The chairman of the congressionally mandated National Commission on Military, National, and Public Service told a Senate panel that Federal hiring practices need “a major overhaul,” and highlighted three reforms from the commission’s March report.
“Basic Federal hiring practices need a major overhaul to make them competitive with other employers and to ensure agencies can hire highly qualified employees,” said the commission’s chairman, U.S. Army Brigadier Gen. Joseph Heck, speaking to the Senate Homeland Security and Governmental Affairs Committee’s Subcommittee on Regulatory Affairs and Federal Management on June 23.
Heck, a former U.S. congressman, said simplifying job descriptions, accepting standard one-page resumes, and adding interoperability between USAJOBS and third-party job boards were ways to improve Federal hiring practices included in the commission’s report.
In addition to changing the hiring practices of the Federal government, Heck called for additional paths into public service besides the military. One idea, he said, is a Public Service Corps program similar to the military’s Reserve Officers’ Training Corps (ROTC) program, which would award scholarships in exchange for a multi-year commitment to serve in a Federal agency.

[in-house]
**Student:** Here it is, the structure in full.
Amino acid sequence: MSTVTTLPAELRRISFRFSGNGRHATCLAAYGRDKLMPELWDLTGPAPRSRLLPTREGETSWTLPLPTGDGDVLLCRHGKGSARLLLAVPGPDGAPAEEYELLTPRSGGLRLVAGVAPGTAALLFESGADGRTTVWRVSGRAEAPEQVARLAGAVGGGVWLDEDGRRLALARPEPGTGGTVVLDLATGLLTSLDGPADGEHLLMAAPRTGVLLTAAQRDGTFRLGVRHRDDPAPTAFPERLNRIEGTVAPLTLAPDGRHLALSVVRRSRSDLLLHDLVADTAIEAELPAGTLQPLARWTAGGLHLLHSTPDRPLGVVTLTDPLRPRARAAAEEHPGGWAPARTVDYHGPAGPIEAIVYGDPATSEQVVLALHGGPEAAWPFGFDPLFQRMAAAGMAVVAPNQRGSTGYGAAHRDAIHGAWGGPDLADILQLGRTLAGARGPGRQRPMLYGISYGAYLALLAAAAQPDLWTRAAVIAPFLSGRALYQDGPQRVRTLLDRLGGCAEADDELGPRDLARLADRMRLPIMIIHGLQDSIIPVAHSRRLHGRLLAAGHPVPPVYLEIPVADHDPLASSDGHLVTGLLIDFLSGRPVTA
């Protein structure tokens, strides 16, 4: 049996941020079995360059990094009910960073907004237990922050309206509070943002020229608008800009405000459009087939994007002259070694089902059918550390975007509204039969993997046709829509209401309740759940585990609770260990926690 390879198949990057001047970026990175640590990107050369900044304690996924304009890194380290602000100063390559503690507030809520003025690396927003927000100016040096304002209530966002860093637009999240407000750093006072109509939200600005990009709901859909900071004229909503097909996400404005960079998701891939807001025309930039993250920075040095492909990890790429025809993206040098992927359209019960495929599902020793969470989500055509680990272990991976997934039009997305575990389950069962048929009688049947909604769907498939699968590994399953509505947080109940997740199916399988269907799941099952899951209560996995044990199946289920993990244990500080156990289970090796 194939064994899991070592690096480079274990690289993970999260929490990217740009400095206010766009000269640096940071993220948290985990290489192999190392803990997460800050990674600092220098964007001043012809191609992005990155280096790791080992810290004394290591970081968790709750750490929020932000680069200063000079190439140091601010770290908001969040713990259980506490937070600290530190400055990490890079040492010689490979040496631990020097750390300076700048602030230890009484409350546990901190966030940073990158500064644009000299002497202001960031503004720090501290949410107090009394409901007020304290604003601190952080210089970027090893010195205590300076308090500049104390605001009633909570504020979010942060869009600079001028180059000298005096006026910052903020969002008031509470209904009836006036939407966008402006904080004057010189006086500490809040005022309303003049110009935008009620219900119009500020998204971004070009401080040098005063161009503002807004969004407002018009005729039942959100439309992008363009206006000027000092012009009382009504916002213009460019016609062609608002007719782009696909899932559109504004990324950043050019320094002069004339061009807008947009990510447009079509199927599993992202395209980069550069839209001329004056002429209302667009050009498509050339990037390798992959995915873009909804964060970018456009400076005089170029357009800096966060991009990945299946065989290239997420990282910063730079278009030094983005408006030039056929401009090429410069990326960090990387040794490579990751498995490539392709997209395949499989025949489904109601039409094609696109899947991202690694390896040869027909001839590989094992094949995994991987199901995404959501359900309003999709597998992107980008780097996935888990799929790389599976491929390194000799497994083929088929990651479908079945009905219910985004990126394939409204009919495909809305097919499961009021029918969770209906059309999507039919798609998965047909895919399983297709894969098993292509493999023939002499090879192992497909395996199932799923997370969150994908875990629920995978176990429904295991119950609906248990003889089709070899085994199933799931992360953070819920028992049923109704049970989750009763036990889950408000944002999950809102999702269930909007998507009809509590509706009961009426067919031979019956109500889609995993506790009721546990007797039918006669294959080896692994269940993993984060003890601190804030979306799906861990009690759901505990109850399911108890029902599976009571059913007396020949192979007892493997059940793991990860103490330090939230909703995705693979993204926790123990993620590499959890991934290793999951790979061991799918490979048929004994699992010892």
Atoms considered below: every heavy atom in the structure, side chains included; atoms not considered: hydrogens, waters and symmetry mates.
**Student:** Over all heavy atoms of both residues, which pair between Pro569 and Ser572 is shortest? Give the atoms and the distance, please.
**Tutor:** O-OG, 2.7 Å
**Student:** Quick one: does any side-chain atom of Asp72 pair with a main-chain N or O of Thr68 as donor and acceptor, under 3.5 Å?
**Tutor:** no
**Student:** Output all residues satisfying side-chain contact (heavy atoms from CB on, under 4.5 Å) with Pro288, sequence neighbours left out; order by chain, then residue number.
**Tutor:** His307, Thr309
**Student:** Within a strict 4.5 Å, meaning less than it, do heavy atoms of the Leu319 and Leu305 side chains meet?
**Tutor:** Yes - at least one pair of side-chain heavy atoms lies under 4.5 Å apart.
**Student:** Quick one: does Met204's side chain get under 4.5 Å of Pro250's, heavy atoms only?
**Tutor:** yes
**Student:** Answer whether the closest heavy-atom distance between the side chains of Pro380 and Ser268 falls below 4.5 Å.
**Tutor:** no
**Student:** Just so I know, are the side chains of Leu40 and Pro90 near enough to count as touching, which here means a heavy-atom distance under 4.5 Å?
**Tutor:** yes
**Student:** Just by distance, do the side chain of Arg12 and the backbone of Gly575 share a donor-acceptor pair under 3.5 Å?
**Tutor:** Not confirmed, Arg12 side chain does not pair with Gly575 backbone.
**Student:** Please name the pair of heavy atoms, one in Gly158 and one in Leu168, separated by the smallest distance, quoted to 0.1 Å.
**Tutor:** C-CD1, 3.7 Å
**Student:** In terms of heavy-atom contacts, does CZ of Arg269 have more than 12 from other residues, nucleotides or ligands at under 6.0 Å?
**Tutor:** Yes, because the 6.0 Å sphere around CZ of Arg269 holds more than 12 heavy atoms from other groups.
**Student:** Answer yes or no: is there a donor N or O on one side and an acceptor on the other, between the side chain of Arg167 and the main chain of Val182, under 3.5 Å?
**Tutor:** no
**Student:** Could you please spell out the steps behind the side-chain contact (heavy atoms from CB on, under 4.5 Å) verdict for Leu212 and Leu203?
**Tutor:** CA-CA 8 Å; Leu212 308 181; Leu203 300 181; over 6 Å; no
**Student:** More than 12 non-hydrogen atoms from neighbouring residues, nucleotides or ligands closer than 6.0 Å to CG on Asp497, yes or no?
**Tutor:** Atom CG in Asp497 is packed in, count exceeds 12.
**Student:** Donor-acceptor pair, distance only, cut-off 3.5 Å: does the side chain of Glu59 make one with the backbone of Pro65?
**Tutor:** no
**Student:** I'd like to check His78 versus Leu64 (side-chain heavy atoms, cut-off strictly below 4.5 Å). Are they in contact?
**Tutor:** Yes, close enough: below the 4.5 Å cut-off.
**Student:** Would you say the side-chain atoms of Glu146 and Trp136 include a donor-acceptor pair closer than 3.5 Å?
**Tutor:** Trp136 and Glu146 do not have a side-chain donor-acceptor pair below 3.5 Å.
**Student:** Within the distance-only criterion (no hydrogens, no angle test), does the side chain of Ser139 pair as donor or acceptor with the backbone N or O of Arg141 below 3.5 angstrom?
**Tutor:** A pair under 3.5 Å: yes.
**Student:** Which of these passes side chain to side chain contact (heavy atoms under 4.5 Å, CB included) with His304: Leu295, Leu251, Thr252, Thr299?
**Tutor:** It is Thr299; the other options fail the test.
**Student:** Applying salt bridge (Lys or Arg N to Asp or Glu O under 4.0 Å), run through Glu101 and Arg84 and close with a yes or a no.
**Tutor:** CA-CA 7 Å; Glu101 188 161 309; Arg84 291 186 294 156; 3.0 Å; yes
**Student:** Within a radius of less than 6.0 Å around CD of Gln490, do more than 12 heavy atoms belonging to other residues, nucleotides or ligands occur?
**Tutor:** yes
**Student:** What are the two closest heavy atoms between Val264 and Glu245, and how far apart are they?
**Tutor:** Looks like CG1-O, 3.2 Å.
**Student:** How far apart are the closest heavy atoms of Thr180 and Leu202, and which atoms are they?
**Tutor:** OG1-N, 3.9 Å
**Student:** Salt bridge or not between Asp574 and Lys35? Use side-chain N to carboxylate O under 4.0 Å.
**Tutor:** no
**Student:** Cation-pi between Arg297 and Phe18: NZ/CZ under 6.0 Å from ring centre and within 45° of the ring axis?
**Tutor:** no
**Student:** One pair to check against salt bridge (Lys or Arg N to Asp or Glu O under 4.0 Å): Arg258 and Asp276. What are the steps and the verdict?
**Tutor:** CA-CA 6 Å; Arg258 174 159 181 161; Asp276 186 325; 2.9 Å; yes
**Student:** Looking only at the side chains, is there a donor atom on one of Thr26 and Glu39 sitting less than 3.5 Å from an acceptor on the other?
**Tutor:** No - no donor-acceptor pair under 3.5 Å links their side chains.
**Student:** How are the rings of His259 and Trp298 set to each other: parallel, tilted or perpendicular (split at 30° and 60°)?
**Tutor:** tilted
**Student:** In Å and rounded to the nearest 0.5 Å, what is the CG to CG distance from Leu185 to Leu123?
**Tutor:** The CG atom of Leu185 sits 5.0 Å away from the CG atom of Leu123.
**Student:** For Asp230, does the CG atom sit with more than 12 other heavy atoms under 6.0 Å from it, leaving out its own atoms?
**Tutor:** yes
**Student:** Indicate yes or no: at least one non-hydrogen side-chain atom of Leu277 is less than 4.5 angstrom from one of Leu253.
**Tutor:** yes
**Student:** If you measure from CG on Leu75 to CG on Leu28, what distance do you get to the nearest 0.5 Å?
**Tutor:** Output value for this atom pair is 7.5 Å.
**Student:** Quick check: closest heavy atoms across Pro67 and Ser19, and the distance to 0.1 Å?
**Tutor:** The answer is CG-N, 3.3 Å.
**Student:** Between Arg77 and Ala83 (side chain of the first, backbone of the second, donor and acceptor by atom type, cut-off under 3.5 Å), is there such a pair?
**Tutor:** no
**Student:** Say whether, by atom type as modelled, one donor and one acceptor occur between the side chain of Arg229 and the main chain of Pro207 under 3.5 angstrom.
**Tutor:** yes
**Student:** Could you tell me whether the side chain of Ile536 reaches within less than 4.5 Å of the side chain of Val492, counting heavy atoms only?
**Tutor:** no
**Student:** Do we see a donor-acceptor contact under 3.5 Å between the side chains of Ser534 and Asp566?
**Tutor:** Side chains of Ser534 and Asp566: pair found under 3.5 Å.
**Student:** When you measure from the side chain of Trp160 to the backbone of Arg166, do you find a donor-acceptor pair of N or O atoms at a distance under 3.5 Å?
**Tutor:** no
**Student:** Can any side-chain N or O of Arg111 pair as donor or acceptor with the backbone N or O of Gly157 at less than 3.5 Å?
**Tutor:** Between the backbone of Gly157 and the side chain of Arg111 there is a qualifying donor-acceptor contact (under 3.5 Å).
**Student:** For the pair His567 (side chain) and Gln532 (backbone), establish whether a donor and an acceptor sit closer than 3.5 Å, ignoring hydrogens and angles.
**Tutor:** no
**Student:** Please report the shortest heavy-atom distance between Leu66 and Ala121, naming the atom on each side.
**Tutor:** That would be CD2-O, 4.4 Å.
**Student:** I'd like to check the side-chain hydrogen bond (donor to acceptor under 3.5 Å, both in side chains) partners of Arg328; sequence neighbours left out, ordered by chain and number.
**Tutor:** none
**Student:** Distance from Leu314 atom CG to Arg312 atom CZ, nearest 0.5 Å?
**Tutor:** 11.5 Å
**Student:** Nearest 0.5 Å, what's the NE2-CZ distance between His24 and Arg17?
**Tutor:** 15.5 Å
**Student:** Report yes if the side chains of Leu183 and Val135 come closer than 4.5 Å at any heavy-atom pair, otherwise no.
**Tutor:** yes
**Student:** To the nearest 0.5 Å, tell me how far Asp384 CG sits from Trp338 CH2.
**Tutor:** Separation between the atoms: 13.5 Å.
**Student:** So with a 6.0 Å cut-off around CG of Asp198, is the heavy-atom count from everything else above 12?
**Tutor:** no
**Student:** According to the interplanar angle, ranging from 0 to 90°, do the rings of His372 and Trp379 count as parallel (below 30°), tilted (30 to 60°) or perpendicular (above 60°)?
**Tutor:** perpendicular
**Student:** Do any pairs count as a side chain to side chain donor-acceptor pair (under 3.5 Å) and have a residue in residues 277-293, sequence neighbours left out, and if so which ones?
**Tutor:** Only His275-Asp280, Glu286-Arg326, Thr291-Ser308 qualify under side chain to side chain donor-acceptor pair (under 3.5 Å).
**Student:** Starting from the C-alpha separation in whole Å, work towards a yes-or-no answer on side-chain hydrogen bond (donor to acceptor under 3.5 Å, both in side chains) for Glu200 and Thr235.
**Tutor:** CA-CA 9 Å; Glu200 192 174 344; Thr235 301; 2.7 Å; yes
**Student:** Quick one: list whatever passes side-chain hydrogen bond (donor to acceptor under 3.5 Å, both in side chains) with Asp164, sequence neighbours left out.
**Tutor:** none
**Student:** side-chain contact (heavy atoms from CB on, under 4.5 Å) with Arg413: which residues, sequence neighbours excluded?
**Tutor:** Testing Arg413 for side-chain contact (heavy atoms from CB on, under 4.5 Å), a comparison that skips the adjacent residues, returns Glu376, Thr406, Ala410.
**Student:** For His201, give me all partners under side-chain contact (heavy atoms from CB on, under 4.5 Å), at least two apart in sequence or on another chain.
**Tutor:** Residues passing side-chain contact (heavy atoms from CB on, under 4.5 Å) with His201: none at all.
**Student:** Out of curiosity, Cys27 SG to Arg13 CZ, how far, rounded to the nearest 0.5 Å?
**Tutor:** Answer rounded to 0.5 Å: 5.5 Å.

Sen. Jacky Rosen, D-Nev., also expressed interest in expanding opportunities to serve. She referenced the bill, the PROMOTES Act, which she introduced earlier this month, that increases STEM and cyber education for those in the Junior ROTC program.
“There might be another way to engage individuals in a Cyber Corps,” said Rosen, mentioning individuals who might be ineligible to serve in the military because of health reasons. “We might need to think a little bit outside the box and pull in some of those folks,” she said.
Heck picked up on Rosen’s idea at the conclusion of the hearing.
“The cyber professional who doesn’t necessary meet the military standards, how do we get them to go into Federal service?” Heck asked.
More recently on the Federal hiring front, President Trump signed an Executive Order on June 26 that directs Federal agencies to “focus hiring on the skills job seekers possess, rather than focusing on whether they have earned a college degree.” The order gives the Office of Personnel Management (OPM) 120 days to change job classifications and qualifications accordingly, with new standards to take effect within 180 days.